Nine unions affiliated with the Fédération autonome de l’enseignement (FAE), representing 65,500 elementary and secondary school teachers in Quebec have voted in favour of unlimited strike action. The vote won with over 90 percent approval. This stands in stark contrast to the Ontario Secondary School Teachers Federation in Ontario (OSSTF) who voted to enter into binding arbitration.
Quebec teachers flexing their muscle
The FAE is not part of the province’s Common Front of public sector unions, whose members also voted 90 percent in favour of walkouts if necessary. The FAE is negotiating its contract separately with the provincial government and therefore the unlimited strike mandate doesn’t include preliminary work actions by the Common Front, such as one-day strikes.
The teachers have to be feeling their power, as the Quebec school year started with a shortage of 8,000 teachers. To deal with the shortage, the province has been hiring unqualified adults to supervise classes. The huge labour shortage in Quebec is but one example of a problem across the country. Relatively worsening pay levels and more difficult working conditions are combining to create a teacher shortage in every province.
The answer is to reverse those trends of worsening pay and working conditions and this vote by teachers in Quebec is a powerful move to do just that. As FAE president Mélanie Hubert said, “The membership is determined to improve their working conditions. There is no intention this time to engage in half-measures. [The membership] is telling us ‘if we walk out, we walk out for good.’”
OSSTF chooses compromise
Contrast this with the OSSTF approach of the, who voted this week 78.4 percent in favour of a binding arbitration process that will ensure there is no strike. This is a tale of two different bargaining approaches: class struggle versus class snuggle. After more than a year of secretive negotiations with the Ontario government, the OSSTF leadership advocated binding arbitration to its members. A process that means negotiations will be out of the members hands and they will have no say over “unresolved issues handed over to a third-party arbitrator.”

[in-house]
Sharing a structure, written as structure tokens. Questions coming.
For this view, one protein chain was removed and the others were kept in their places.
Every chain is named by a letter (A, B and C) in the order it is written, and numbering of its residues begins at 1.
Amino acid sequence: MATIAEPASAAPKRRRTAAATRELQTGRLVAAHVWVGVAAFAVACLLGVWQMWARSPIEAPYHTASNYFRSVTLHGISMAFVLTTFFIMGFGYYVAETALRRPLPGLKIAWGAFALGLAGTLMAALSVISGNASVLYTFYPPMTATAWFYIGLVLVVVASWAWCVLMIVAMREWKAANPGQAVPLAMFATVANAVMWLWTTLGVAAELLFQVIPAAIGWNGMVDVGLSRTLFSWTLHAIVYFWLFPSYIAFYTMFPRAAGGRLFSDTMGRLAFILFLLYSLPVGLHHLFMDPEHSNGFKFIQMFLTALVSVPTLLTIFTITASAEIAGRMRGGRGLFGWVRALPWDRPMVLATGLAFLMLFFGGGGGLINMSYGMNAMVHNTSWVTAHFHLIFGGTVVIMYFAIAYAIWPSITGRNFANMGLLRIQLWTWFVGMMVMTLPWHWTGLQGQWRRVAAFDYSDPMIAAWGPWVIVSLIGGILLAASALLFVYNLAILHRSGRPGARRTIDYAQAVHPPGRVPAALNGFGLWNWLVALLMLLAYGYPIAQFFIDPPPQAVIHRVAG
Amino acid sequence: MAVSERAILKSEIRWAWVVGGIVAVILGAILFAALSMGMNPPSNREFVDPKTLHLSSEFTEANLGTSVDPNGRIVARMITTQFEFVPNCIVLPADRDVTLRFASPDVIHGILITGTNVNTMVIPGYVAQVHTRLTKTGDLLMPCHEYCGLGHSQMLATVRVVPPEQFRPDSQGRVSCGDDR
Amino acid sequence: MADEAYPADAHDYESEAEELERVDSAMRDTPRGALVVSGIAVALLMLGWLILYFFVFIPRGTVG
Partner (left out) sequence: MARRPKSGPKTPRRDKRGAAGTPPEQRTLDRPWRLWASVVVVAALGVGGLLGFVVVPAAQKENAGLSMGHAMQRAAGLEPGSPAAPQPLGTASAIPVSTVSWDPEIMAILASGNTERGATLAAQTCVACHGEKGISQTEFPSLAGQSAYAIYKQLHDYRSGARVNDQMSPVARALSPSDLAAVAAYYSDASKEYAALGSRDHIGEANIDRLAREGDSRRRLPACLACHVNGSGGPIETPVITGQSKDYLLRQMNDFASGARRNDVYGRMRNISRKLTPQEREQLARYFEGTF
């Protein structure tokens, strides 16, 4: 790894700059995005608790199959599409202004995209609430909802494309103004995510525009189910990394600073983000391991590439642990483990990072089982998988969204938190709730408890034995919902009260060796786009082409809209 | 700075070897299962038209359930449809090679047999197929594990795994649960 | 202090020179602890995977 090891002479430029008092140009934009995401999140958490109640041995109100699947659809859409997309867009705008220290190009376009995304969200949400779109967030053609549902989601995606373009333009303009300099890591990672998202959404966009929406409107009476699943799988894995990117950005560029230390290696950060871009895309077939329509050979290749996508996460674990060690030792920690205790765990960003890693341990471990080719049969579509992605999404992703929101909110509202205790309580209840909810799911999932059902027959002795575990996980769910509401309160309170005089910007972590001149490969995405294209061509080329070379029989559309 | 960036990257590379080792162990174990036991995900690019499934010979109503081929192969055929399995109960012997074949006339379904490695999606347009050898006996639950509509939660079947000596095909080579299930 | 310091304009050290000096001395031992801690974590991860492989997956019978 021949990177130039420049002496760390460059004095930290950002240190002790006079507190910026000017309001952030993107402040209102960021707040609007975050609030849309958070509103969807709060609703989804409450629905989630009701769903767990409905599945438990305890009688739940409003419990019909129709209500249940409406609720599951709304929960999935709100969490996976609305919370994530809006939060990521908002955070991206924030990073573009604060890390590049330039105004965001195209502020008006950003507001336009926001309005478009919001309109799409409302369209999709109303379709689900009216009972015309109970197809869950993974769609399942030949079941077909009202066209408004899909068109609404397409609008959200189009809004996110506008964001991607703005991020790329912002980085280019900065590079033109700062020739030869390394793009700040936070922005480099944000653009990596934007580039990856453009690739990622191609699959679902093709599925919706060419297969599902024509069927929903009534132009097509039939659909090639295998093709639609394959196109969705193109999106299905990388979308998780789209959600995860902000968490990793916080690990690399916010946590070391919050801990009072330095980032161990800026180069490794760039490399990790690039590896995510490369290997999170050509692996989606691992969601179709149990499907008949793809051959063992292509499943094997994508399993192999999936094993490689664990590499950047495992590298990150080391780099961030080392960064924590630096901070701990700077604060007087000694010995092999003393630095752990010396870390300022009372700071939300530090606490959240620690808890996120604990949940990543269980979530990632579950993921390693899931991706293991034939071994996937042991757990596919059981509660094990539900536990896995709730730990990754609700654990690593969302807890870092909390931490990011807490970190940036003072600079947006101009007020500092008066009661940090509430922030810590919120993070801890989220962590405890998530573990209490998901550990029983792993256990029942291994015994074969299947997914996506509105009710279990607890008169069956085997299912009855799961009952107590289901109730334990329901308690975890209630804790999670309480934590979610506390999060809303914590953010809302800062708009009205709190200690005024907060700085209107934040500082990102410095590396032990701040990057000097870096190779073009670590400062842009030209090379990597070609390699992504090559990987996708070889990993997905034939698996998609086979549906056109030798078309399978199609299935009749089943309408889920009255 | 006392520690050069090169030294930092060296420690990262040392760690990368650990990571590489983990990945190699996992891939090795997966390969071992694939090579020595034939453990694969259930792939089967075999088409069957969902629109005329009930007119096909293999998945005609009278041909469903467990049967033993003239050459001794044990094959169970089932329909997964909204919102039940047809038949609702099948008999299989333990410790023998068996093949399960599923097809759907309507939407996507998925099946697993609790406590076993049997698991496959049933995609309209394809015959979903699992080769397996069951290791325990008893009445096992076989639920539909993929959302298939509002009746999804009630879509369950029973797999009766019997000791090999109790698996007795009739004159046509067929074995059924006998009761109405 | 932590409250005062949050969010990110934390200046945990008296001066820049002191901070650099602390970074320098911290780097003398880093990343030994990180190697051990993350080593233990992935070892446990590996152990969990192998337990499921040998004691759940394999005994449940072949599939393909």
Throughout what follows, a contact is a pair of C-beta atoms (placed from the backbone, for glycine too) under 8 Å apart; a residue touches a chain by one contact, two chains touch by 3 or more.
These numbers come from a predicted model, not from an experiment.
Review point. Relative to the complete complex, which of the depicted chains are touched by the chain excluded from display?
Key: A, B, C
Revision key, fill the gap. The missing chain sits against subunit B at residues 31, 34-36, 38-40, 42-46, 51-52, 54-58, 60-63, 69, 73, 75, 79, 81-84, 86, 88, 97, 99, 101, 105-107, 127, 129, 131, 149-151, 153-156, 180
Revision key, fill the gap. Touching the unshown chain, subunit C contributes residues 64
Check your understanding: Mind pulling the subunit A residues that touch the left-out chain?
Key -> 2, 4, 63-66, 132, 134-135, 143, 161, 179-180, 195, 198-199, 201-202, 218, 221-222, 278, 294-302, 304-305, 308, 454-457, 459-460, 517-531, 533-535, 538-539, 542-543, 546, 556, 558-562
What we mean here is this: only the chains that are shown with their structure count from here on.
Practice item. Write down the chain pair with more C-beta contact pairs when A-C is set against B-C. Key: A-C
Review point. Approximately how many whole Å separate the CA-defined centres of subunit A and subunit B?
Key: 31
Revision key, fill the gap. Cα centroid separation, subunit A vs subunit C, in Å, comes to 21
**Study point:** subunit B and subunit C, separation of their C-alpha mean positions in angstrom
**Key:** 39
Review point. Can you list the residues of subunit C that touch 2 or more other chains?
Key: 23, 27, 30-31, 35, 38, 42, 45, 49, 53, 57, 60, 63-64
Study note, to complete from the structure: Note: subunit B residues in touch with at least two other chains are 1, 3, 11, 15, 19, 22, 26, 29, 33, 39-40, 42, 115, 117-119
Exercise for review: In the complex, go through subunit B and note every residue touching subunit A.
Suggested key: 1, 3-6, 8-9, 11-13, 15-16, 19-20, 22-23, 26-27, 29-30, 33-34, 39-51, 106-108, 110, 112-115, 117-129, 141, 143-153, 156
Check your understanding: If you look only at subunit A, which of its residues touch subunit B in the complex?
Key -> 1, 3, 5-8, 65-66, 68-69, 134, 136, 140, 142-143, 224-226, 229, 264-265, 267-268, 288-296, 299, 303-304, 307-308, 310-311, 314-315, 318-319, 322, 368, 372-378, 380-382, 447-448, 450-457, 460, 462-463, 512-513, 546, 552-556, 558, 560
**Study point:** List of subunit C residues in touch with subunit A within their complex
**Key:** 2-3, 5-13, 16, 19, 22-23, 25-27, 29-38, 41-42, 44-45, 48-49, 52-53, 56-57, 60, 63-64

This approach and the super low turnout for the arbitration vote (reports seem to indicate that less than 30 percent of members voted) reflect demoralization about what can be achieved and a resignation to just get a decent wage increase and a remedy to lost wages under Bill 124, while not touching the actual working and learning conditions in school.
Ontario Education Minister, Stephen Lecce is gloating about the deal and encouraging other unions to follow suit. Why? OSSTF and others who advocated for the binding arbitration approach are convinced that it will ensure more favourable outcomes for teachers. Why then is the Education Minister so anxious to get everyone in the sector to agree to binding arbitration?
Thankfully, the Elementary, Catholic and French Teachers unions have signed a joint statement stating that “entering into binding arbitration at this juncture would not support the students we serve in elementary and secondary schools – as binding arbitration would all but guarantee that the key issues we have brought forward at our respective bargaining tables, which are critical to learning and working conditions in our schools, would not be addressed. Furthermore, the decision to enter into binding arbitration now impacts the opportunity for meaningful local bargaining on key local issues.”
Quebec teachers are showing the way. Their strong strike vote shows the union is organized and willing to fight for what their members need. Whatever the outcome, the process of preparing the strike has made their union stronger and created much more favourable conditions to fight for a stronger public education system for all. The OSSTF on the other hand has chosen a path that demobilizes its members, undercuts other education unions, and strengthens the hand of the Ford government.
Teachers’ bargaining in Quebec and Ontario is a good reminder that when you fight, you don’t always win everything. But when you choose to not fight, you can never win.
Anyone interested in being part of a network to take these next steps should contact Larry at: rankandfileteacherON@gmail.com.
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